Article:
Hamilton L. Smith and the College Observatory
Unfortunately, when Hamilton L. Smith arrived on campus, he found that "the scientific apparatus consisted of a pile of dust-covered rusty instruments stowed away in a room in Geneva Hall." He immediately set about raising funds to improve the situation. Bishop Arthur Cleveland Coxe took an active interest, which helped encourage donors and shepherd the project along.
Large donations were made by Samuel G. Cornell of Buffalo and Mrs. Dean Richmond of Batavia, and in the fall of 1868, the Board of Trustees authorized $5000 to be spent on purchasing new equipment. Soon after additional funds were authorized for an observatory.
The College Observatory
Construction of the college observatory began in 1869 and was completed in 1870 at a cost of $3600. The 8.75" equatorial telescope, built by Henry Fitz, was purchased from William S. Van Duzee of Buffalo.
A detailed description of the observatory from the 1870-71 college catalog can be found below.
The observatory was located on the west side of campus near Pulteney Street, behind a small grove of spruce trees. In the photograph above, taken from St. Clair Street, the observatory can be seen in the midground.
The photograph below, taken from Pulteney Street, provides a closer look at the observatory and the land which would become the quad.
With so many improvements being made, student interest in astronomy increased, and in 1869 a student group, "The Solar System", appeared in the Echo.
The 1875-77 college catalog stated that the observatory, "is at all times open to those students manifesting particular aptitude in this direction, and is designed to be a working model for the student, by which he may acquire a practical knowledge of Astronomy."
The sketch of Jupiter at the left was taken from the scrapbook of Howard Jones, class of 1875.
Geneva residents also benefitted. Prof. Smith often opened the observatory to the public and published accounts of his observations in the local papers.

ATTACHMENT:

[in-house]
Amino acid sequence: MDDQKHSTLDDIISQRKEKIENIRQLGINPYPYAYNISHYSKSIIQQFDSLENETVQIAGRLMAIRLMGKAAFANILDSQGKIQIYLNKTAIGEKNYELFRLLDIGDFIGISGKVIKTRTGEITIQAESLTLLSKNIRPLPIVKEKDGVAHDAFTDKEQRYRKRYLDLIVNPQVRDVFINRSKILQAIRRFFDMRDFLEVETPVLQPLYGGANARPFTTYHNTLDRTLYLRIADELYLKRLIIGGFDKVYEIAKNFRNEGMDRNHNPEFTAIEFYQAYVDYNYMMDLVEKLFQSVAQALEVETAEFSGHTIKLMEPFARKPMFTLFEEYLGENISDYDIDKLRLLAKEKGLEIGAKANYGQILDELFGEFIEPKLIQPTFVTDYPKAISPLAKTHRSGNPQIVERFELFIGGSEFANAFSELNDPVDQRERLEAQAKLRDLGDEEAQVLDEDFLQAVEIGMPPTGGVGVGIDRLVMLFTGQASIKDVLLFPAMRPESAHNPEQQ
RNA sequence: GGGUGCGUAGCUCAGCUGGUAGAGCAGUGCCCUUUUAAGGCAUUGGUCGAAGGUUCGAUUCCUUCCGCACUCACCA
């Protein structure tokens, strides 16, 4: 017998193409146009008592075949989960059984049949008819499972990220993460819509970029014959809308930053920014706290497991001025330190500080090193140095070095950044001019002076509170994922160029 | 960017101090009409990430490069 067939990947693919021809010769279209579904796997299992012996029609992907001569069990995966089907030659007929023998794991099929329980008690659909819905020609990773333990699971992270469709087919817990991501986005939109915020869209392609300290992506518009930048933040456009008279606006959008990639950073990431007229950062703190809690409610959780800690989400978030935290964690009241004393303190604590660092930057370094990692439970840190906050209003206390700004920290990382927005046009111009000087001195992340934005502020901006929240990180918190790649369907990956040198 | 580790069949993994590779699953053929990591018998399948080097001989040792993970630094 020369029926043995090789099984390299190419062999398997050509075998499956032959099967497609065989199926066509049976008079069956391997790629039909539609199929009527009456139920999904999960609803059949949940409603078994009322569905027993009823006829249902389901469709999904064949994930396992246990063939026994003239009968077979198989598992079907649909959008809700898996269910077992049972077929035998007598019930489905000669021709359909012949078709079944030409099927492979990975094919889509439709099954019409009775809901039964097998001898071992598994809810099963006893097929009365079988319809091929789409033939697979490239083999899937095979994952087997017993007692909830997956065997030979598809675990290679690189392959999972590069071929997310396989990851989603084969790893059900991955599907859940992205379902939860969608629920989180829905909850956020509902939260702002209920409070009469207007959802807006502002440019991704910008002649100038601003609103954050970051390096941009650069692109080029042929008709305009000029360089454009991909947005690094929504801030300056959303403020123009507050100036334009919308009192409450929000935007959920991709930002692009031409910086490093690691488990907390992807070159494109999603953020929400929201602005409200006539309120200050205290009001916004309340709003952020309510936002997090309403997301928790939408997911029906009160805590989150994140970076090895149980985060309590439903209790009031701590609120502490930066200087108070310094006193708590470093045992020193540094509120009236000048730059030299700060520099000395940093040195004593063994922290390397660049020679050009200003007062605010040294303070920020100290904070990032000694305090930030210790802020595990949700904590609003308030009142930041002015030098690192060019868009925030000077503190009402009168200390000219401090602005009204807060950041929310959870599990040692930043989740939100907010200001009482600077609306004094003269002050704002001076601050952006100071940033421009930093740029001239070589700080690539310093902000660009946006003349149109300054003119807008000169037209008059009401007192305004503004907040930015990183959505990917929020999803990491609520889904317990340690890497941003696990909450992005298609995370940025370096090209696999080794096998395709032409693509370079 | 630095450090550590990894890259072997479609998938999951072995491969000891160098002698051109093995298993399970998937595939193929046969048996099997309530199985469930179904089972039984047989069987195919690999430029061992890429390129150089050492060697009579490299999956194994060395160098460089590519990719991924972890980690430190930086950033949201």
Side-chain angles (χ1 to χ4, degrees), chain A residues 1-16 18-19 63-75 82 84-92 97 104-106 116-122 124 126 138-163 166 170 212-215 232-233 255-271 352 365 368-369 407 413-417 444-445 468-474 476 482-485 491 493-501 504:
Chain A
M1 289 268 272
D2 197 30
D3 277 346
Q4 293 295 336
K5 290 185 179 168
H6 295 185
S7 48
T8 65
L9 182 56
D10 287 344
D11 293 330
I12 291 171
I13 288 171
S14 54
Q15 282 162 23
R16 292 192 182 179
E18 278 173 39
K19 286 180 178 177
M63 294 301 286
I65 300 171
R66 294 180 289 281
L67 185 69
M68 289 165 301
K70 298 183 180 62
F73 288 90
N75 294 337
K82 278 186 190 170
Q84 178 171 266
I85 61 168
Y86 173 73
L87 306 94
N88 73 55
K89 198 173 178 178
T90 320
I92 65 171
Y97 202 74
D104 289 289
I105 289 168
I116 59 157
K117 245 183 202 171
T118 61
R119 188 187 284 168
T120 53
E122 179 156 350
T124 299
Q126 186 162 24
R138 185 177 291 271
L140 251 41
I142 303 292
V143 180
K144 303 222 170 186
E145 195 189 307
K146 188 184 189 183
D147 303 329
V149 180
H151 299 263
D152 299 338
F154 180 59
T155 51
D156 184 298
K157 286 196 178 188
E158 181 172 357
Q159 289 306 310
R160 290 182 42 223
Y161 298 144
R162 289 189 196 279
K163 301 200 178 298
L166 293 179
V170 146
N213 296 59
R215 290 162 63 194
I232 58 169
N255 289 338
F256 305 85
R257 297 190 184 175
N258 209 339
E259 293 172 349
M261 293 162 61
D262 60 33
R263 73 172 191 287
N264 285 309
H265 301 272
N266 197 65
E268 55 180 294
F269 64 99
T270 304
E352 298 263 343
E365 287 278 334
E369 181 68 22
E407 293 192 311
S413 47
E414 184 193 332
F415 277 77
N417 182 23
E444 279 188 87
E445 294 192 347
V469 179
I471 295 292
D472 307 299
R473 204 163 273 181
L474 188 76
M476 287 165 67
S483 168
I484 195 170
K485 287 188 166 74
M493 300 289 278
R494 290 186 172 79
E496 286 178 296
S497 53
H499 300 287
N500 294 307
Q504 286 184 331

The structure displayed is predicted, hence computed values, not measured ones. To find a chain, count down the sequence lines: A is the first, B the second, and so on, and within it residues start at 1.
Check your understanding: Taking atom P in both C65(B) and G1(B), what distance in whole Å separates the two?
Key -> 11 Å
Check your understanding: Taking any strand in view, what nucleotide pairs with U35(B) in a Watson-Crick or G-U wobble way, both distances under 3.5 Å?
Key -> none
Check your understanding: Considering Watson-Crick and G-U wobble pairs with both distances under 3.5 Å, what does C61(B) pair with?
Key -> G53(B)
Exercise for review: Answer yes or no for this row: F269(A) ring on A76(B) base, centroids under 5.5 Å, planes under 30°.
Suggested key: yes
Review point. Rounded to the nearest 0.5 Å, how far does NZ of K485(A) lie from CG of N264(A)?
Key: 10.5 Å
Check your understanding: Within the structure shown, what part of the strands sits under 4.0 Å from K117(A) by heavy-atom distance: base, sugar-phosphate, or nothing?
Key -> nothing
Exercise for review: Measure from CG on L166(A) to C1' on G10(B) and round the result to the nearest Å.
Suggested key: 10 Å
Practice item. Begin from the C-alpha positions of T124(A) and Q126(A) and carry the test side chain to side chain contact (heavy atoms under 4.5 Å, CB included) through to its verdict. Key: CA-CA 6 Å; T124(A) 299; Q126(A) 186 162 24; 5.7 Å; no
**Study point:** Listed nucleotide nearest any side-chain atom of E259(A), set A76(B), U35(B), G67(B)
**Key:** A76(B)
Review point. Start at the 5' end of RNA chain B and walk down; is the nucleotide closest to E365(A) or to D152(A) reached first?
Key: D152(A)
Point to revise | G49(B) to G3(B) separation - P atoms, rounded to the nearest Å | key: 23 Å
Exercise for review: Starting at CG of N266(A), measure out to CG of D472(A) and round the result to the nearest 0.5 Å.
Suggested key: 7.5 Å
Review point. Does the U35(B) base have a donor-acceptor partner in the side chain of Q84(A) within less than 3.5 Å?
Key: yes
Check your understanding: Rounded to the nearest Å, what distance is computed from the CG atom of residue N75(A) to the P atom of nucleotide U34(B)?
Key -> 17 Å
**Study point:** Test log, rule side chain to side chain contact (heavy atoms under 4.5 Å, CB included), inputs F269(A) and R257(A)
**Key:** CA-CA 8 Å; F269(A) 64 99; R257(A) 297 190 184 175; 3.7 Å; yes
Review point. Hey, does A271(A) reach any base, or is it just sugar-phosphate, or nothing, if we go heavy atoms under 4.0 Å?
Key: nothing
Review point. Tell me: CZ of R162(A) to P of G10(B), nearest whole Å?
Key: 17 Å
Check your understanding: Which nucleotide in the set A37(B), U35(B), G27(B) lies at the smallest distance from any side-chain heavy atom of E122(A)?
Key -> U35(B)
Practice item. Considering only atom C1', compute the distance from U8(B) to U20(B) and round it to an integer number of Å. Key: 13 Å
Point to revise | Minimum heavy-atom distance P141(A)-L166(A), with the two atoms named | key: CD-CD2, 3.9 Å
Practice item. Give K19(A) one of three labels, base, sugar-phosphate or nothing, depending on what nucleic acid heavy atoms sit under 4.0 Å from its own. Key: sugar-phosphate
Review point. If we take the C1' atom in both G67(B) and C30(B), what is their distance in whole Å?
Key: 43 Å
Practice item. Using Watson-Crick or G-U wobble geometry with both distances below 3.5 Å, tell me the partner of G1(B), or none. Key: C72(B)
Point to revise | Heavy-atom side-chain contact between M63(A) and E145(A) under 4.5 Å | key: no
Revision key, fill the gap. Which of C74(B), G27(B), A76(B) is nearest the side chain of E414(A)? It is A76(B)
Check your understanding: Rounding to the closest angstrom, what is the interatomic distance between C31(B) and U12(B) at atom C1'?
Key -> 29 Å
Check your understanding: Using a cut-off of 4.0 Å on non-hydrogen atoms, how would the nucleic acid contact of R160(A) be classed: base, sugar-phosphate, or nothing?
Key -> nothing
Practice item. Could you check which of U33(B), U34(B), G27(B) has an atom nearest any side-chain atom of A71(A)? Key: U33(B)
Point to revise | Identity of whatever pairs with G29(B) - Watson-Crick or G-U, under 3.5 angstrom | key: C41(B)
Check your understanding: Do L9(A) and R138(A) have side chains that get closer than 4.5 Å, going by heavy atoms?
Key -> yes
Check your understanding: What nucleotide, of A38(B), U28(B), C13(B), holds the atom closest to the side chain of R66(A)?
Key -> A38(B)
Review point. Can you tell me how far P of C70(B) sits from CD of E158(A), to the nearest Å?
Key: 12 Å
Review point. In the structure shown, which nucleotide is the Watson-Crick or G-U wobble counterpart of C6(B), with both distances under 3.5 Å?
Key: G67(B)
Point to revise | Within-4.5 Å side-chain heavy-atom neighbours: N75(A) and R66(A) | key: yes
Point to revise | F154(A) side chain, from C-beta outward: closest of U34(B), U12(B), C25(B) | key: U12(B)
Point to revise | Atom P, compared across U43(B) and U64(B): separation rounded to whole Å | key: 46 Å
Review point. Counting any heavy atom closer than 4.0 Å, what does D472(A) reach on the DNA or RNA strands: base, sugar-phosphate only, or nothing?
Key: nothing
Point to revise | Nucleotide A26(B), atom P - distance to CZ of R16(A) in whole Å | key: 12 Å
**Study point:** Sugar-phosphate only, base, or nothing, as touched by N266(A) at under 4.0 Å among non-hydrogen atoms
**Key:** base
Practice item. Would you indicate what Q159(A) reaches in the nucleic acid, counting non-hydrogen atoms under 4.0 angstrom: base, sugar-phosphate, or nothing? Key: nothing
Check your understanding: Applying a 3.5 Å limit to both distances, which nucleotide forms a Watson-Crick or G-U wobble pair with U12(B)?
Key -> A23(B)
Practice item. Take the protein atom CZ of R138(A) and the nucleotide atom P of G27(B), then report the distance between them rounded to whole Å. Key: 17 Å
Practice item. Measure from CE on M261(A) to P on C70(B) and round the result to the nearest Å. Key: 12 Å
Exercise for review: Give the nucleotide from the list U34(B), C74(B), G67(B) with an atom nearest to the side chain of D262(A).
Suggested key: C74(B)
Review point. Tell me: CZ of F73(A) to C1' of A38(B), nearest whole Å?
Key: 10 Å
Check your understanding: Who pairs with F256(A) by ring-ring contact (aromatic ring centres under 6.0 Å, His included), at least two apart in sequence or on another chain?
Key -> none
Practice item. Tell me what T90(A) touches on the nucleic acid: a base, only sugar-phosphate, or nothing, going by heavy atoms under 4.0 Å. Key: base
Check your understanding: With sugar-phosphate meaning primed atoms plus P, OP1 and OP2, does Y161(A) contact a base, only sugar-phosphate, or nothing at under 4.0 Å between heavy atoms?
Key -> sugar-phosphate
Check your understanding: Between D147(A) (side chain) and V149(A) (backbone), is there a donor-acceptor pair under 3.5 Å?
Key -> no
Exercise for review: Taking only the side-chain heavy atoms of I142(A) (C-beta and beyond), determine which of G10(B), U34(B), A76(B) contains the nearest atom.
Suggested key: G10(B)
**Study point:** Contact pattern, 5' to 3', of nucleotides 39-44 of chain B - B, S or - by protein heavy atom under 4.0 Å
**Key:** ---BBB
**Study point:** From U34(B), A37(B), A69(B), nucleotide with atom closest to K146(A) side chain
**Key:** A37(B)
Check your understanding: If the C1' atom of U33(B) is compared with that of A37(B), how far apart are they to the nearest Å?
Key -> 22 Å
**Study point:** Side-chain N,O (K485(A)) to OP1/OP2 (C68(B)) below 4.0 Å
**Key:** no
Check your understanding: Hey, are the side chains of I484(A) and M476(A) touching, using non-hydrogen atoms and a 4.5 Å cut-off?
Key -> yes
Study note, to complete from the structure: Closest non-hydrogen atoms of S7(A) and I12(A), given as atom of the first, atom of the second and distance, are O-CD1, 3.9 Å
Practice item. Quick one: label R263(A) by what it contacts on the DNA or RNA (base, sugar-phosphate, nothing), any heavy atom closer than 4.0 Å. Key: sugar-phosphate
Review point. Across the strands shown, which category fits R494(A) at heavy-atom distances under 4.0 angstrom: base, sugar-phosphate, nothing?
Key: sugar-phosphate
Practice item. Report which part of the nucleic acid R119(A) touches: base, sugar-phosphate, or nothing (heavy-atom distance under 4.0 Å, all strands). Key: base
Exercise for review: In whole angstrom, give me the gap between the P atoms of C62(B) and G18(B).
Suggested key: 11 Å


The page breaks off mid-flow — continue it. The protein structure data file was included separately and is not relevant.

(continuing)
The Meridian Stone
The sandstone pillar to the right can be found in front of Smith Hall. It was originally placed at the corner of Pulteney and Jay Streets in 1872 by members of the Hobart class of 1873. The stone was used to align the transit instrument in the observatory to a meridian. A transit instrument is a small telescope used to accurately record star positions and tell time.
Over the years many people have believed that the stone marked the 77th meridian, which was the prime meridian of the United States from 1850 to 1912. This is incorrect, as that meridian runs west of Geneva, near the Colleges' solar farm on Gates Road.
In 1948, workers building the Garden Apartments found the stone on its side, half-buried. After several years in storage, Provost Walter Durfee had the stone placed on the William Smith Green in 1952.
A Second Observatory
In 1883, Prof. Smith built a second smaller observatory on the back of his house, which is now Harris House. It contained a 4.25" telescope. The Hobart Herald wrote that, "This little observatory will be a very convenient thing indeed. Its nearness to the college buildings combined with the size of the instrument gives every one a chance to see the wonders of the heavens.”
As the 19th century drew to a close, campus began to encroach on the larger observatory. Alumni Hall, seen in the photo above, was built in 1887.
In the 1890s Hamilton L. Smith's health began to decline, as he was now in his 70s. He primarily used the smaller observatory attached to his house and the larger observatory was overseen by a senior student, "who has the keys and also has the priviledge of admitting any seniors who may wish to search for comets or do other work under the revolving dome."
In 1896, the transit instrument was moved from the college observatory to the south gable of Merritt Hall to allow Prof. Smith easier access.
Hamilton L. Smith retired in 1900 at the age of 81 and donated his smaller observatory to the Colleges. He passed away in 1903.
In 1900, Coxe Hall was built, the quad was graded, and the larger observatory was demolished.
In 1903, the Board of Trustees authorized the Treasurer "to dispose of the lens of the old telescope for the best price attainable.”
The telescope tube was lost in storage until 1975, when researcher Norman Sperling discovered it while researching its maker, Henry Fitz. The telescope was displayed at Astrocon, a convention of amateur astronomers at Kutztown State College in 1976, before making its way to the factory store of Edmund Scientific, a New Jersey company which sold surplus scientific equipment. According to Sperling, it is still in their possession.
Luckily, as Smith's health declined, another astronomer was available to take his place. William R. Brooks was on Castle Street discovering comets.